7. Pour into lined baking tin, cover and steam for 2 hours or until a metal skewer inserted comes out clean.

Notes:

The steaming method produces a moist texture, typical of a Christmas cake. Care should be taken to seal the cover to prevent seepage of water. If you can, use a steamed pudding mold (shown below)




Patisse Steam Pudding Mold, 2-Liter

Variations:
A variation to the Jamaican Christmas Pudding

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  • http://brunsli.blogspot.com Brunsli

    Cho-cho?!

    You made me nervous. I haven’t been to Trinidad since 1993, but in Jamaica more recently. I had this vegetable called cho-cho, which seemed very similar to my memory of christophene, but I couldn’t exactly remember. When I saw a post called “Cho-cho” on my bloglines by Trini gourmet, I really freaked out — do we have cho cho in Trinidad and I just don’t remember? Whew! they are one and the same.

    • http://www.TriniGourmet.com Sarina

      :lol: i’m glad i could clear up that moment of confusion :)

  • http://brunsli.blogspot.com Brunsli

    Cho-cho?!

    You made me nervous. I haven’t been to Trinidad since 1993, but in Jamaica more recently. I had this vegetable called cho-cho, which seemed very similar to my memory of christophene, but I couldn’t exactly remember. When I saw a post called “Cho-cho” on my bloglines by Trini gourmet, I really freaked out — do we have cho cho in Trinidad and I just don’t remember? Whew! they are one and the same.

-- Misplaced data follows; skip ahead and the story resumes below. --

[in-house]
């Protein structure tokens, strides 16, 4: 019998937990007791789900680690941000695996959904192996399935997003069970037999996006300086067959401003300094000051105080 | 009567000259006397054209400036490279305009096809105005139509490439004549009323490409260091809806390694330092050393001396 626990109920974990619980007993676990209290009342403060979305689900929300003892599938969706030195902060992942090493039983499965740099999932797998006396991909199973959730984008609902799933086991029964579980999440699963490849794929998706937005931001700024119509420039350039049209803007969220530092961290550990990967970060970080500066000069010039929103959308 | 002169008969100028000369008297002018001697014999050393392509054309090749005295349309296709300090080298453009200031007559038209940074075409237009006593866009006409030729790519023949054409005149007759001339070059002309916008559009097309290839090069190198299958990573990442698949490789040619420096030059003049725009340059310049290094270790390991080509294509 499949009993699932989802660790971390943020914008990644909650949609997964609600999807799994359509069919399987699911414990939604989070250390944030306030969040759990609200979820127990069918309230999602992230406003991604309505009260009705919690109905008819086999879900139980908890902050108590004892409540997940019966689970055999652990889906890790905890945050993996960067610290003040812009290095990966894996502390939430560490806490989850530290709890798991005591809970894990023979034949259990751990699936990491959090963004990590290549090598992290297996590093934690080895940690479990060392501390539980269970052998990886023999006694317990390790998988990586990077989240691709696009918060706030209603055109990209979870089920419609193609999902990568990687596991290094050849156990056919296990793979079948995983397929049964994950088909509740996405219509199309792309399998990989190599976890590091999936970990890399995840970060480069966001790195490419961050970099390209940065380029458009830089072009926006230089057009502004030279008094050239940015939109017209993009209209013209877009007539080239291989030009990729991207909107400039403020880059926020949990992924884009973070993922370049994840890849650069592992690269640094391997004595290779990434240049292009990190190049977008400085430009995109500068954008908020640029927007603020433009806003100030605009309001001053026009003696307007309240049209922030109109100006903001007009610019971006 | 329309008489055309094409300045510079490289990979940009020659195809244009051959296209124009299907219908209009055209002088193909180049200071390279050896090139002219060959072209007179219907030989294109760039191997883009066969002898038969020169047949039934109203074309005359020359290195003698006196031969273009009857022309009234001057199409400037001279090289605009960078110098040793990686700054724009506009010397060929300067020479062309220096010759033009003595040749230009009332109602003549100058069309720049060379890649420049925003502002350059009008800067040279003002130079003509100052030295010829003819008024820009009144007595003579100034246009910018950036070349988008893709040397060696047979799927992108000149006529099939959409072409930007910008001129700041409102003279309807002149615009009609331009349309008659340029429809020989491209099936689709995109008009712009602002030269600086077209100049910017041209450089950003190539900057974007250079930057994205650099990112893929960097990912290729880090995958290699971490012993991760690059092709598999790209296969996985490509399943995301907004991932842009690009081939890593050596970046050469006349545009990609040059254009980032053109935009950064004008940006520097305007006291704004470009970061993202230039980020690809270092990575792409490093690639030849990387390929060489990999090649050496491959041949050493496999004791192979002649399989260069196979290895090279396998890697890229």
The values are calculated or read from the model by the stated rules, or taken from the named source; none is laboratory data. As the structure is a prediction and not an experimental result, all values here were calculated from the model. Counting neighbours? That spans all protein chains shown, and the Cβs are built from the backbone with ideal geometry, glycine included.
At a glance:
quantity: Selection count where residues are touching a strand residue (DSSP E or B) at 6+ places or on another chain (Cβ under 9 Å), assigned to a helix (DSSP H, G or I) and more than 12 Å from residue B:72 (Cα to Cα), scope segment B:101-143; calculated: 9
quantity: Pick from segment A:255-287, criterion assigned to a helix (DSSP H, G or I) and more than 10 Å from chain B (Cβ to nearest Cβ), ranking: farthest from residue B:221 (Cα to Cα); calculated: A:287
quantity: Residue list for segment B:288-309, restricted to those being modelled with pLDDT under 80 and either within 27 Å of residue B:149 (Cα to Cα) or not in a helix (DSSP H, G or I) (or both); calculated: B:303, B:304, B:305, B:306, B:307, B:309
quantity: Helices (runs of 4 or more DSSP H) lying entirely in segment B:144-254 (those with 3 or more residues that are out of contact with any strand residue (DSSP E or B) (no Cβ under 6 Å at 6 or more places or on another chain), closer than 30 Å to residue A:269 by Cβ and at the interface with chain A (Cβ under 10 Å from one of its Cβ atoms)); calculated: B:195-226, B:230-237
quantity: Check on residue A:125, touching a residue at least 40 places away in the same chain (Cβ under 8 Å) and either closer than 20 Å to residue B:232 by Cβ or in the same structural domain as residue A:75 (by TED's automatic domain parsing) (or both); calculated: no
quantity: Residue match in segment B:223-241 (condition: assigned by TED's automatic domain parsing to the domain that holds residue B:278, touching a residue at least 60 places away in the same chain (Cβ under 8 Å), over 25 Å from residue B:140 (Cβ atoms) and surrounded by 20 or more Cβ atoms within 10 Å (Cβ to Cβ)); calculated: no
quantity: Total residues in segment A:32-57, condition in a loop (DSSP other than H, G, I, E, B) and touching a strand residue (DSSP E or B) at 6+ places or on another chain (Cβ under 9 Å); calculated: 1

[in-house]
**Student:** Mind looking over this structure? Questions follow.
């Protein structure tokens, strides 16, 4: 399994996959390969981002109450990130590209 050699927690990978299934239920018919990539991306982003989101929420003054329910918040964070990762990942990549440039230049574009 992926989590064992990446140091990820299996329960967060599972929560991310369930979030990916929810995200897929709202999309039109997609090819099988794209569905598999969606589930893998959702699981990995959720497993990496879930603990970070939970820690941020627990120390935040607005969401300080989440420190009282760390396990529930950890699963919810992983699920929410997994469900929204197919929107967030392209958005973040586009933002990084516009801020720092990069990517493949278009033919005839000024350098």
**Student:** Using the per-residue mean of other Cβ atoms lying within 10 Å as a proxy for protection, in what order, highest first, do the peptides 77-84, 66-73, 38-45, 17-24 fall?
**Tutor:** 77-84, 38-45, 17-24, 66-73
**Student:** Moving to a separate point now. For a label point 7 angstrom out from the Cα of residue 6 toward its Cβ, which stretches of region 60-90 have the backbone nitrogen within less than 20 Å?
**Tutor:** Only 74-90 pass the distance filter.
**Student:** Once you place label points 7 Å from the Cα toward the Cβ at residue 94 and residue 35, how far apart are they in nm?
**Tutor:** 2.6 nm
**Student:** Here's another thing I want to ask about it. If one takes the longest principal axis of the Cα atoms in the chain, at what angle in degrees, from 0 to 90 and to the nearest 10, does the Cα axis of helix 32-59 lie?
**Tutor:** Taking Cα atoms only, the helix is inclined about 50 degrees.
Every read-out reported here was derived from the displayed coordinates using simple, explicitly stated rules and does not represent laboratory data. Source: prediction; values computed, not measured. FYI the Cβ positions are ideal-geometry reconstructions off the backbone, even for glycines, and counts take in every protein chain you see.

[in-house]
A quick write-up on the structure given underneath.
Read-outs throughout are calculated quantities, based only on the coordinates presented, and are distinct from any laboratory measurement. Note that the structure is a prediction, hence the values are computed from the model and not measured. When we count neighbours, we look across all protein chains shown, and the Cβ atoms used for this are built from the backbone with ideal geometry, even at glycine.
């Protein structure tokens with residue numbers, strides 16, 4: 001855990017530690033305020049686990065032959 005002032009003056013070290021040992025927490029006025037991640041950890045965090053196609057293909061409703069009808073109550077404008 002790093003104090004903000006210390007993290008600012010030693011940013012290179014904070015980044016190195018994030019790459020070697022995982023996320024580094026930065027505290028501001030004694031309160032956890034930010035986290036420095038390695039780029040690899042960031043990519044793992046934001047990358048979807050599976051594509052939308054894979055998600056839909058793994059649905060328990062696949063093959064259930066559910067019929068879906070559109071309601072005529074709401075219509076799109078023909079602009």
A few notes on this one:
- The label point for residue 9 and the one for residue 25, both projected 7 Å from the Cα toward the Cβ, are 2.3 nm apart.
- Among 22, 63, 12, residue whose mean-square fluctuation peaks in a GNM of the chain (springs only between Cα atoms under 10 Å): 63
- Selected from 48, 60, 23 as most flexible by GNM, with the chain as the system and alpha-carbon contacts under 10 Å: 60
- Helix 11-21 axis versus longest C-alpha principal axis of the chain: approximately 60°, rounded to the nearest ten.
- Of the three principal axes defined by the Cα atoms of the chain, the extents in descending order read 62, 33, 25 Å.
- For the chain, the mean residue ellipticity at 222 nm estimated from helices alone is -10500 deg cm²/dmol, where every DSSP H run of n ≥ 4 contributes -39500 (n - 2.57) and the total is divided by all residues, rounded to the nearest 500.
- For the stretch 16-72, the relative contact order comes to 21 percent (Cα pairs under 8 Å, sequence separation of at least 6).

• http://brunsli.blogspot.com Brunsli

    Cho-cho?!

    You made me nervous. I haven’t been to Trinidad since 1993, but in Jamaica more recently. I had this vegetable called cho-cho, which seemed very similar to my memory of christophene, but I couldn’t exactly remember. When I saw a post called “Cho-cho” on my bloglines by Trini gourmet, I really freaked out — do we have cho cho in Trinidad and I just don’t remember? Whew! they are one and the same.

    • http://www.TriniGourmet.com Sarina

      :lol: i’m glad i could clear up that moment of confusion :)

  • http://www.meltingwok.com MeltingWok

    hey sarina, I’ve never seen this sorta chayote squash in the states b4, only the ones tt resembles guavas, what a lovely dish, will b on a look out for this, thanks :)

    • http://www.TriniGourmet.com Sarina

      no problems :) i’ve never seen the ones that look like guavas so we’re even :D

  • http://www.meltingwok.com MeltingWok

    hey sarina, I’ve never seen this sorta chayote squash in the states b4, only the ones tt resembles guavas, what a lovely dish, will b on a look out for this, thanks :)

    • http://www.TriniGourmet.com Sarina

      no problems :) i’ve never seen the ones that look like guavas so we’re even :D

  • http://chennette.wordpress.com Chennette

    So, how exactly does one do the steaming? I have never used this method so I can’t quite picture it?

    • http://www.TriniGourmet.com Sarina